Southern Exposure Film Fellowship Program to Continue Under the Leadership of the Alabama Rivers Alliance


October 12, 2017

For More Information, please contact:

Kelly Marshall | | 205.322.6395



 BIRMINGHAM, AL – The Alabama Rivers Alliance is thrilled to announce they will be assuming the role as primary sponsor of the prestigious Southern Exposure Film Fellowship program beginning in January 2018. The Southern Environmental Law Center (SELC) was the sponsor from 2012 – 2016.

SOUTHERN EXPOSURE is a film fellowship program that is actively raising awareness about Alabama’s incredible natural resources and important environmental issues that impact all of us.  This innovative summer fellowship brings emerging filmmakers from across the country to tell authentic, engaging stories through short documentary films about Alabama’s environment — and the people who cherish it — from the mountains to the coast.

“ARA is proud to be the new home for the Southern Exposure Film Fellowship program, which continues to be extremely important to the environmental community throughout Alabama and beyond,” Cindy Lowry said. “We are excited to lead this tremendously successful program, bringing in emerging filmmakers to Alabama to meet with local community members, elected officials, scientists, business owners, riverkeepers and other conservation groups to create short documentaries that highlight Alabama’s environmental heritage, as well as the threats facing our state.”

SELC’s leadership of the program over the past five years created an impressive library of more than 30 films featuring citizens working to protect the state’s abundance of natural wonders.  ARA is looking forward to continuing that mission with our 60+ partner groups and finding critically important stories to share throughout Alabama.

“Our Alabama partners and citizens of the state have been a cornerstone for the success of Southern Exposure from the very beginning—these compelling films would not have been possible without their time, effort and wealth of knowledge,” said Keith Johnston, managing attorney for SELC’s Birmingham office. “We look forward to the future success of the program under ARA’s leadership and additional opportunities to collaborate within the environmental community.”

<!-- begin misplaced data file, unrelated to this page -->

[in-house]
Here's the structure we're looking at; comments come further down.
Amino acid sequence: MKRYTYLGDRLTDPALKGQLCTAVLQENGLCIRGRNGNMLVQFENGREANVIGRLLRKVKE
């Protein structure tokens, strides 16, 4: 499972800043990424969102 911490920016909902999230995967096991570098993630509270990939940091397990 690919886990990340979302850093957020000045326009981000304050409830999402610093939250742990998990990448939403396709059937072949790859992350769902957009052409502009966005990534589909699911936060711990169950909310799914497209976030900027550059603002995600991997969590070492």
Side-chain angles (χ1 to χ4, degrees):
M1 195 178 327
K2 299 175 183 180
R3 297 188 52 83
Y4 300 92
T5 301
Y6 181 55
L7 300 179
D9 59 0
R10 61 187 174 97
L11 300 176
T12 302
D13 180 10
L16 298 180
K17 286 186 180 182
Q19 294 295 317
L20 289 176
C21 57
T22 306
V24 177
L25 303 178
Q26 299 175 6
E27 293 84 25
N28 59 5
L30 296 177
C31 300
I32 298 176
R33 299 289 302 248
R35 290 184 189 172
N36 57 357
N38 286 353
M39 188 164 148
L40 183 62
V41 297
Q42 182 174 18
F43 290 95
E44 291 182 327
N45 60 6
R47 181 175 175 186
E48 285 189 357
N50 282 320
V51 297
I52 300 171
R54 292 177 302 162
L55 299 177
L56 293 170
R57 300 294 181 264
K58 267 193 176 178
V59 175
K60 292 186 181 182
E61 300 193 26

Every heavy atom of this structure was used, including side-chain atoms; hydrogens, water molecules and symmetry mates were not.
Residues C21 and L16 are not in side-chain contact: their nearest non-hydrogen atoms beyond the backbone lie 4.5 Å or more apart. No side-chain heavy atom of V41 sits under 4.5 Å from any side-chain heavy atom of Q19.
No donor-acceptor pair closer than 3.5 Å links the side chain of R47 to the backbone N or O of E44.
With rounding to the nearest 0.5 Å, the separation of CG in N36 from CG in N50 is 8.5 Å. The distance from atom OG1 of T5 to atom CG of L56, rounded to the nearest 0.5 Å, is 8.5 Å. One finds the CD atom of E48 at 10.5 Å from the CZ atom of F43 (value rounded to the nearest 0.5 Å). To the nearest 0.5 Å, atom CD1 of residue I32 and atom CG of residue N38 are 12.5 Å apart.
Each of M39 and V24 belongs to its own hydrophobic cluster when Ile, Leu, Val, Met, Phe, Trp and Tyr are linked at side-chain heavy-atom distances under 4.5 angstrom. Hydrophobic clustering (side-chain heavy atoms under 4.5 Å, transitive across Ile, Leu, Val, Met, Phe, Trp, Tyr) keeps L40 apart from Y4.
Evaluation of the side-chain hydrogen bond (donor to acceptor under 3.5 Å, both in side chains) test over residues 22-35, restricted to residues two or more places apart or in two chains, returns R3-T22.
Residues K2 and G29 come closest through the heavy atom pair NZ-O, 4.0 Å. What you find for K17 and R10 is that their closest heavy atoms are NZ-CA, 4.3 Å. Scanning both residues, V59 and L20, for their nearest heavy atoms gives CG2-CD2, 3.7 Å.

As we gear up to host a new class of fellows next summer, ARA will highlight some of the past films in a special Southern Exposure Sampler which will be featured at our 2017 screenings of the national Wild & Scenic Film Festival hosted throughout Alabama. Each of the films selected as part of this sampler represent the impact this program has had in enhancing efforts to protect Alabama’s environment through advocacy campaigns and improved awareness of how each individual can make a difference.

The four films screening as part of the Southern Exposure Sampler at the 10th annual Wild & Scenic Film Festival are:

Saving Shepherd Bend (2012) – Take a closer look at the controversial Shepherd Bend coal mine, a massive strip mine proposed on the Black Warrior River northwest of Birmingham, Alabama. Among other threats, the mine would discharge pollution into the river just 850 feet away from a drinking water intake that serves some 200,000 people in the Birmingham area.

Paradise or Profit (2014) – For the first time in Alabama, an outside industry is attempting to strip-mine and process the tar sands of northern Alabama to extract oil-rich bitumen. How will the environmental consequences of mining and processing tar sands potentially impact the community of Colbert County and its concerned citizens in the movement to preserve their water, air, and local agricultural economy?

The Accidental Environmentalist (2014) – John Wathen was just an average guy until coming into contact with toxic chemicals, stumbling upon a video camera, and discovering his passion for protecting the region’s waters. Watch this Alabama native’s transformation into an internationally-recognized environmentalist.

Living Shorelines (2013) – Nearly half of Mobile Bay’s shoreline is armored with bulkheads and concrete seawalls under the assumption that they prevent erosion. Unfortunately, these hard structures are expensive, temporary, and actually cause erosion in adjacent areas, speeding the breakdown of our fragile shores. Property owners on Mobile Bay are increasingly turning to “living shorelines” as a cost-effective solution to beach erosion that also benefits the natural ecosystem and local economy.


Date and Time: Sunday, October 22 Doors open at 1:30 pm and films begin at 2:15 pm.

Location Address:  Red Mountain Theatre Company Cabaret Theatre (301 19th Street North, Birmingham, AL 35203)

Ticket Prices: $25 (includes light food, drink tickets, door prize entries, one year membership to the Alabama Rivers Alliance and Alabama Environmental Council)

$15 (includes light food and one year membership to the Alabama Rivers Alliance and Alabama Environmental Council)

$10 for Students (includes light food and one year membership to the Alabama Rivers Alliance and Alabama Environmental Council)

Kids under 12, free

Tickets can be purchased at the door or online at (direct link:

For more information about the event, please visit


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